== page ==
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When it comes to climate change, one thing is certain: our oceans are rising. And South Florida is expected to be among the first regions on Earth to experience the impact. In fact, some initial preparations are already underway. WLRN-Miami Herald News presents a series of stories about the effects of sea-level rise. The project is called “Elevation Zero: Rising Seas In South Florida." Click through the pages below to see our entire archive of Elevation Zero stories.

King Tides Are Down In December -- But That May Not Last

C.M. Guerrero
Miami Herald
In this October 2016 photo, a student braves king tide flooding to bike across Lincoln Road Court in Miami Beach.

King tides caused widespread flooding throughout South Florida in October and November. From Key West to West Palm Beach, pedestrians waded through streets and drivers moved their cars from massive parking lot puddles.


But December’s king tides? They’ve been going on this week and flooding has been minimal. That's because calmer weather has kept high tides down in December, compared with earlier this year.


Nancy Gassman, assistant director for sustainability at the city of Fort Lauderdale, says king tides in October and November were 14 to 18 inches higher than expected.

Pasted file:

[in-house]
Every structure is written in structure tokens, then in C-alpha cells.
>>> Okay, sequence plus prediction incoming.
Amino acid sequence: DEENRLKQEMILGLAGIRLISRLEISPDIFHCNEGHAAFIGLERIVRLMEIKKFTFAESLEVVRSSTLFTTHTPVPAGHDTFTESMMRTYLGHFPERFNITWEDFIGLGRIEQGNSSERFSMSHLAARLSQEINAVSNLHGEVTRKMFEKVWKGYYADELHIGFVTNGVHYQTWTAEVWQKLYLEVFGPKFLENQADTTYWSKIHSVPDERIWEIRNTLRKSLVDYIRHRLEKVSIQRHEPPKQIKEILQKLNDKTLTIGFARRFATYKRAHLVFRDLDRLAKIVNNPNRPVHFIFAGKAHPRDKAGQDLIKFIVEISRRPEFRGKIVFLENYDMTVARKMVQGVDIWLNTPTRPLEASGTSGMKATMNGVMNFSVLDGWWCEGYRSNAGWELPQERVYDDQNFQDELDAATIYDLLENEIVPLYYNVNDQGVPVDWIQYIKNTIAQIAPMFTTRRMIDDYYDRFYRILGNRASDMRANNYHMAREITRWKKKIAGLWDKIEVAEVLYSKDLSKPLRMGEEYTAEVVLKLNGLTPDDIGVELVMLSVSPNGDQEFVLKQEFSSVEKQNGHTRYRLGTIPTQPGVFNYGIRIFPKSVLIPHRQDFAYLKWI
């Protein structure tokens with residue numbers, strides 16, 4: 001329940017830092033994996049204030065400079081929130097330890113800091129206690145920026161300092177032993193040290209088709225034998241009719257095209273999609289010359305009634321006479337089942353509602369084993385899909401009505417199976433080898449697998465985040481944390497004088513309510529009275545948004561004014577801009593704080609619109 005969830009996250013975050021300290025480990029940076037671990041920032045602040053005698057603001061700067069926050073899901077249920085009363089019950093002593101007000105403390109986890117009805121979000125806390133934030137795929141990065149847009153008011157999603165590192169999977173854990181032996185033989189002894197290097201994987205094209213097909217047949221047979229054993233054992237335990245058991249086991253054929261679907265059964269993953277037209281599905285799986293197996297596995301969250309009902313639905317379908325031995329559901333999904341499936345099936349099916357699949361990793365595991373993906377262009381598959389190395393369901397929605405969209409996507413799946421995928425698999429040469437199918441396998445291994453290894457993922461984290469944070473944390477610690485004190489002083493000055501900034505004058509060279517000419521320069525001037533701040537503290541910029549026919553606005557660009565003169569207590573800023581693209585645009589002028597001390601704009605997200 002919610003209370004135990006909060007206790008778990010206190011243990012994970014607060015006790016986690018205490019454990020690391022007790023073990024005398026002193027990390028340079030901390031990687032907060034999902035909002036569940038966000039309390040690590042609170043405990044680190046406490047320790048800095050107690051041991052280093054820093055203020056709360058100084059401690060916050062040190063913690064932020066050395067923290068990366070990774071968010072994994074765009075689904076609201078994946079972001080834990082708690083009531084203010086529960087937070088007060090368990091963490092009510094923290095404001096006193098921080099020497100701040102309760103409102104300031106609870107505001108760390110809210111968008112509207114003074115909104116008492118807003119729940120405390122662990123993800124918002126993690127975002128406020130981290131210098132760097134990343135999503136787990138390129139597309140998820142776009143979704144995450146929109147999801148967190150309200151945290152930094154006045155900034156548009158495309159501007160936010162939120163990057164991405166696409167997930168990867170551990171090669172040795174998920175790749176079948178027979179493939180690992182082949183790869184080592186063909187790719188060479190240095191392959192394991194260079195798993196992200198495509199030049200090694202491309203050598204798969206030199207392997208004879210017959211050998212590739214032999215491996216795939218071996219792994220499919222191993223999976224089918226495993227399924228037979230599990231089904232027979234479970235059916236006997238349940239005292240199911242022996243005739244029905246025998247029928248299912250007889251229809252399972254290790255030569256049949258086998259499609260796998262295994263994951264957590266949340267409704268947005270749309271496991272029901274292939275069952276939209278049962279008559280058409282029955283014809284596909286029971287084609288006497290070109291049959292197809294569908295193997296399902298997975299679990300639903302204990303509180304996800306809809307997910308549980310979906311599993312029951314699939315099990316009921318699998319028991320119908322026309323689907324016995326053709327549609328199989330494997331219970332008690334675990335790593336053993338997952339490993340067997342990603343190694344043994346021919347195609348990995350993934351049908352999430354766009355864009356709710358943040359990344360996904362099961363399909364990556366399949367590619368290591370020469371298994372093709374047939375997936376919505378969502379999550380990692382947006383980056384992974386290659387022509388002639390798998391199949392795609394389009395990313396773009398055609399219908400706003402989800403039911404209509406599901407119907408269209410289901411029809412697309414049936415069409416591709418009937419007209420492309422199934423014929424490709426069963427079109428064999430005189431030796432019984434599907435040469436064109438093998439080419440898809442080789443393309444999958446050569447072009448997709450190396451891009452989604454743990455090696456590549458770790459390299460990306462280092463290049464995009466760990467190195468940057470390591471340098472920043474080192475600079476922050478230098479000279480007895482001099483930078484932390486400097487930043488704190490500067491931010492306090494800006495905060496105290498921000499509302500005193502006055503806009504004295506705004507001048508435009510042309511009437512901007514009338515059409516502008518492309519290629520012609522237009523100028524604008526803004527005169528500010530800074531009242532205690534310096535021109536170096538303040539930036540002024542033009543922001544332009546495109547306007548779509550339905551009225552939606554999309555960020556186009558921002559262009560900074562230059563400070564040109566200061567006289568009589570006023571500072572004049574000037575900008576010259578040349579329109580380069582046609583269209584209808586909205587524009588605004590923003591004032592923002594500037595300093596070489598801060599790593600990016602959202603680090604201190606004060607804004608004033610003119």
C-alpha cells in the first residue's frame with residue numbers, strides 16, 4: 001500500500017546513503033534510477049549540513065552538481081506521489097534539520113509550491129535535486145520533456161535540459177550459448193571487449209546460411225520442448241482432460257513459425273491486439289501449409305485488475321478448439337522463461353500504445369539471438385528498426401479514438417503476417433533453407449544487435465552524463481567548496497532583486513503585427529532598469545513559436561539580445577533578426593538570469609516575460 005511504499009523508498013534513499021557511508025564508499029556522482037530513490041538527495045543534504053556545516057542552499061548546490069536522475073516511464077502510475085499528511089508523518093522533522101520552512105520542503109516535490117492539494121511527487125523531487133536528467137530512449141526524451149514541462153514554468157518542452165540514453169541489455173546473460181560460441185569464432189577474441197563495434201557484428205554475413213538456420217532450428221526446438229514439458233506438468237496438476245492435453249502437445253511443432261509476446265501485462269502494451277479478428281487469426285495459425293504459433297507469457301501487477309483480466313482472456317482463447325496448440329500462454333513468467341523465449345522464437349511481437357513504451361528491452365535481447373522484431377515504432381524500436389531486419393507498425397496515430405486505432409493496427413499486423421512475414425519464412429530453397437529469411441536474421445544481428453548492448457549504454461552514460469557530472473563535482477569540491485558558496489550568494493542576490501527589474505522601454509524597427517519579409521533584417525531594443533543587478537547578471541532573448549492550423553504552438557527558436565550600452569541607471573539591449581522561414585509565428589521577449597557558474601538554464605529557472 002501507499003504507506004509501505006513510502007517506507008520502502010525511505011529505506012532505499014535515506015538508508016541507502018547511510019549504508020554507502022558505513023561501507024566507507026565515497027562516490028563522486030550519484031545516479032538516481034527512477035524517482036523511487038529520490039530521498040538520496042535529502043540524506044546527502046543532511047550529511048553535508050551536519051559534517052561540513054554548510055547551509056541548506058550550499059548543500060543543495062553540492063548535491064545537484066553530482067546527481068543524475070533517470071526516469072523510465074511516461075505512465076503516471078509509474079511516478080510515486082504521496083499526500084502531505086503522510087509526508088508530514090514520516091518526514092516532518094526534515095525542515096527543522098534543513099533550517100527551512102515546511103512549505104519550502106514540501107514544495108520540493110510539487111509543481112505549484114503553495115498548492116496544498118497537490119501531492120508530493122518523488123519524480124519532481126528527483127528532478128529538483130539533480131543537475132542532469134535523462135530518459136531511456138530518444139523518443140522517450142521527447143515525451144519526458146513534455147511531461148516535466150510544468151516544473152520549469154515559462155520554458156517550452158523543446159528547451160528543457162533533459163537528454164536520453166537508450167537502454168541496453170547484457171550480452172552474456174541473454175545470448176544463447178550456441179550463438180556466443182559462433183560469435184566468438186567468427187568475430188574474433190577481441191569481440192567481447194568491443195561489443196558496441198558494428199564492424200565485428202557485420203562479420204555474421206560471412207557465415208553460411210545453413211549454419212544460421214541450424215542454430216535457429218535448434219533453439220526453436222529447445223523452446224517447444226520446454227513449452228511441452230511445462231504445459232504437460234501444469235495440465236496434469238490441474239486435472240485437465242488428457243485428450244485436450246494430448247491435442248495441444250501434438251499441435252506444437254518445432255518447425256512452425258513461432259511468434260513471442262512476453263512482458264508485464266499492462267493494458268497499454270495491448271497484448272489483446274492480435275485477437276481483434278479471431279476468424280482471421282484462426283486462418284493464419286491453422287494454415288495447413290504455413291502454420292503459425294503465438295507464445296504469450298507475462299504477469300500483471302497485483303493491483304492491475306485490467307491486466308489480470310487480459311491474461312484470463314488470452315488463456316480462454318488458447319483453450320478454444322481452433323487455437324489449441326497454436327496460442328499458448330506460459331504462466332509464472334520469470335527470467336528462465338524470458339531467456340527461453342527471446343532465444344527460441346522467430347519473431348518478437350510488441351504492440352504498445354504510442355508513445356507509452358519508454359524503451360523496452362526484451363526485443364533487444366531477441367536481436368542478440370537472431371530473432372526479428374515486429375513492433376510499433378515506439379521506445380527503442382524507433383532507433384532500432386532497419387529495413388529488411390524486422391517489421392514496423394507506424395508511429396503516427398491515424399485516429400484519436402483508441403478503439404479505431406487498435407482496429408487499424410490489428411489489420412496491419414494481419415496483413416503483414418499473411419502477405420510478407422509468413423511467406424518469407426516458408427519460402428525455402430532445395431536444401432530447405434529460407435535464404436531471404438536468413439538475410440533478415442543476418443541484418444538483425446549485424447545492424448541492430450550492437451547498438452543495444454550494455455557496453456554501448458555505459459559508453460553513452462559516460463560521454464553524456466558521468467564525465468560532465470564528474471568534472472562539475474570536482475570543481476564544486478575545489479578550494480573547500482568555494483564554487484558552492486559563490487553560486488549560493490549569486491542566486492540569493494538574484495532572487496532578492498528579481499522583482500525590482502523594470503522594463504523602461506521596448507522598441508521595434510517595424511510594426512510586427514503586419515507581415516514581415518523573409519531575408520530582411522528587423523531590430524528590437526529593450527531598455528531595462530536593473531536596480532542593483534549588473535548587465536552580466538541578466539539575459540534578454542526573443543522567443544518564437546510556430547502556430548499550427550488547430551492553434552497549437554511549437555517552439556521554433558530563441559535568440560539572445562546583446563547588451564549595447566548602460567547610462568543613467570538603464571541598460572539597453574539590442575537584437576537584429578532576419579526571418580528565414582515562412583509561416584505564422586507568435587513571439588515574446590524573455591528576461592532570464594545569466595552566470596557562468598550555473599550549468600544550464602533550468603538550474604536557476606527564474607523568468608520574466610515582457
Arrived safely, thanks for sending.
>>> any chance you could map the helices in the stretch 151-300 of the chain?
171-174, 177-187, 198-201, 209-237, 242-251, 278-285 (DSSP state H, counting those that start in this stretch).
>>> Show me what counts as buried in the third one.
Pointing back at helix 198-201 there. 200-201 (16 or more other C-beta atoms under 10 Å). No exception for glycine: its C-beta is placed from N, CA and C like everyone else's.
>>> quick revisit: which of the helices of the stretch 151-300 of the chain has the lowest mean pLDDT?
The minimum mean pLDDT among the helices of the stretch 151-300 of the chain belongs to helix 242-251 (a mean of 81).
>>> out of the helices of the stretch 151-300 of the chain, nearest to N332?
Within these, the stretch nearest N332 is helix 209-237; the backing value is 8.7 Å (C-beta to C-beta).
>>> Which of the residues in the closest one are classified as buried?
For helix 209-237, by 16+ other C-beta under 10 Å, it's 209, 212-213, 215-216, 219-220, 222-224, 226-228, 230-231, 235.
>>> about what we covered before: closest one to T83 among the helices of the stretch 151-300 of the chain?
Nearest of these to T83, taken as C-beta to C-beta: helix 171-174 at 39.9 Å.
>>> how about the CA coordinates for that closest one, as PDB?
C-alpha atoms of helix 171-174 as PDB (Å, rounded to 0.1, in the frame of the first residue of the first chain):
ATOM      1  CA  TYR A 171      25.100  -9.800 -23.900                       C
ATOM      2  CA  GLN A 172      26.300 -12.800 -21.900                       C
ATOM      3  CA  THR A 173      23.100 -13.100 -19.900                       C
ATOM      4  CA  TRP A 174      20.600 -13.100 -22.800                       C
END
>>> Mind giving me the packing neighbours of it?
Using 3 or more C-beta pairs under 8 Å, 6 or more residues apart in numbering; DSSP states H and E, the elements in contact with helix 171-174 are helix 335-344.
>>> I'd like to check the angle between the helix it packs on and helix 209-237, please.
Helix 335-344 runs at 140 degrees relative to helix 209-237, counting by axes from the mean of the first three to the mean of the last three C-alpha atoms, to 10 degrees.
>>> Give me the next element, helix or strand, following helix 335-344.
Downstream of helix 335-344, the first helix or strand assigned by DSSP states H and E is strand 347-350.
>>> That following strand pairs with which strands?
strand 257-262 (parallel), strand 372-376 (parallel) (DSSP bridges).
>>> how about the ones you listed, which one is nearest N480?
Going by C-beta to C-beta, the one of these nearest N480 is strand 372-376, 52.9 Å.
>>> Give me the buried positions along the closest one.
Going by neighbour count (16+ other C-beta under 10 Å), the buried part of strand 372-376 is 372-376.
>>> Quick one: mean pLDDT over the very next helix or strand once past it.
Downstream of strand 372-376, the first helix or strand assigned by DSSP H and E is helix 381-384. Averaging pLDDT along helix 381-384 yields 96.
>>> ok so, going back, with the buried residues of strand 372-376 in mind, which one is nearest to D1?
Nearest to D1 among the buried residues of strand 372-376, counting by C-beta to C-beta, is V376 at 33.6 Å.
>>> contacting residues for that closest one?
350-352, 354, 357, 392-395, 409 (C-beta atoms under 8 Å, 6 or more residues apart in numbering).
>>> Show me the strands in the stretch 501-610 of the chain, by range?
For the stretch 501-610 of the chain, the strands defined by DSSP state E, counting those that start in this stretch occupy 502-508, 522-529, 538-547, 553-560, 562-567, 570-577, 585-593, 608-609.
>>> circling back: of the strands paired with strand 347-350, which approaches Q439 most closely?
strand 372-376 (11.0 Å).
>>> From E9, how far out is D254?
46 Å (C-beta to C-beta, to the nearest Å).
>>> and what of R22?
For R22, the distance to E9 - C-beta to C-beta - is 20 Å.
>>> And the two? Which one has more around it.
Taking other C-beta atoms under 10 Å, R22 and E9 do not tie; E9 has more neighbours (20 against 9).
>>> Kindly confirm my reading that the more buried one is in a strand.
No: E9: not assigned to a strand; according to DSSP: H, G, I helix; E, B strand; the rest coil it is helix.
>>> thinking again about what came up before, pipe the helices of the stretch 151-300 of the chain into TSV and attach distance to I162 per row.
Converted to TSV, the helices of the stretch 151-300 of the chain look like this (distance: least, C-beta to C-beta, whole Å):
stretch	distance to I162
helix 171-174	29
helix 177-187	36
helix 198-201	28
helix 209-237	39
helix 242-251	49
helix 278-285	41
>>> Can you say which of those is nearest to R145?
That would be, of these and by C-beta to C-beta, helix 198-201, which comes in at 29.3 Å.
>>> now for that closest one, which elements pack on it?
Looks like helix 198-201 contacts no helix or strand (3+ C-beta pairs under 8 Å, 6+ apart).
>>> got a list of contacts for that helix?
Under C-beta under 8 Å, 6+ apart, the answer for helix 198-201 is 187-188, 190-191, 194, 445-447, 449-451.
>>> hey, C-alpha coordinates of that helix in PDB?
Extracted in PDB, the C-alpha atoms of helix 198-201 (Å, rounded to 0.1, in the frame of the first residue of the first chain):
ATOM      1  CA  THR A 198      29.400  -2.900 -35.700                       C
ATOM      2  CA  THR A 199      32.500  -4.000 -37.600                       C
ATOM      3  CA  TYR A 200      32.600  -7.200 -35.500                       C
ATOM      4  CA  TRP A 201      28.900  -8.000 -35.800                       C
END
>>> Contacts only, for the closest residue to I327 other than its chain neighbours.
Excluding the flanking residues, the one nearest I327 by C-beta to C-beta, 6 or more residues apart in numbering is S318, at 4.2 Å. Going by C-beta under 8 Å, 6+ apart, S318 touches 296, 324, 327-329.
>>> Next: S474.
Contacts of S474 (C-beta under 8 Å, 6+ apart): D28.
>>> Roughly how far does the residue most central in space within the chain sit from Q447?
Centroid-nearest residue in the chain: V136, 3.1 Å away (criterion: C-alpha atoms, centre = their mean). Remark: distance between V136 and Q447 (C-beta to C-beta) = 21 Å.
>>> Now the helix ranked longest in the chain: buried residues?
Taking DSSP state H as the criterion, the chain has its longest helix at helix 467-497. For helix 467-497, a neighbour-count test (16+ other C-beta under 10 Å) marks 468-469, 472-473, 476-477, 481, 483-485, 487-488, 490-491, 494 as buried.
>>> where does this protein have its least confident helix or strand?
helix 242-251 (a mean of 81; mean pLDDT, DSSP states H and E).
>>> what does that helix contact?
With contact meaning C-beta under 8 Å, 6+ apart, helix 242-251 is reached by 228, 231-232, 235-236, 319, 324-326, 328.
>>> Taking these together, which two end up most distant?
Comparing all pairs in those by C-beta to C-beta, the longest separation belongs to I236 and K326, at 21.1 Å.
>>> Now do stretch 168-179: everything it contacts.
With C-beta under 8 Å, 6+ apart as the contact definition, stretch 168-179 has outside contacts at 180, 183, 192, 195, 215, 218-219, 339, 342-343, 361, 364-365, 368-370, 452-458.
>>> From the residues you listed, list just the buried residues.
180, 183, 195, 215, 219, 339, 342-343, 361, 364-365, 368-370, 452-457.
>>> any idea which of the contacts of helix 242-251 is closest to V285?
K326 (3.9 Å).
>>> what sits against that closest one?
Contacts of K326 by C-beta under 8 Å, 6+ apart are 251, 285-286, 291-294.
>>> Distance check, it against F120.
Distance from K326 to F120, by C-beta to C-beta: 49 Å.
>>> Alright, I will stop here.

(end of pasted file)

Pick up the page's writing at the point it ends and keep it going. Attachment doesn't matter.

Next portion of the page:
"We got easterly winds, which pushed the ocean water up against the coastline and that caused the tides to be higher," Gassman said. "In October, we had the passage of the tropical storm, which caused surge."


So the exceptional king tide flooding in October and November was weather-related -- maybe an anomaly, or maybe a result of climate change. Either way, it's likely king tides and high tides will get higher as seas continue to rise. Gassman says Fort Lauderdale has seen seas rise three inches since 1992 and that trend will likely continue.


"If you think about it, we’ve got the Everglades to our west, we have the Atlantic Ocean to our east," she said. "We’ve got groundwater levels that are rising because of sea level [rise], and we’ve got rainfall. So the city has to be prepared to use whatever tools are available to address whatever flooding we’re experiencing."


Among those tools: single-direction valves that keep tidewater from coming through storm drains; higher sea walls; and pumps. Gassman says Fort Lauderdale has budgeted up to a billion dollars for resiliency in the next 10 years.


King tides typically run from August through December.

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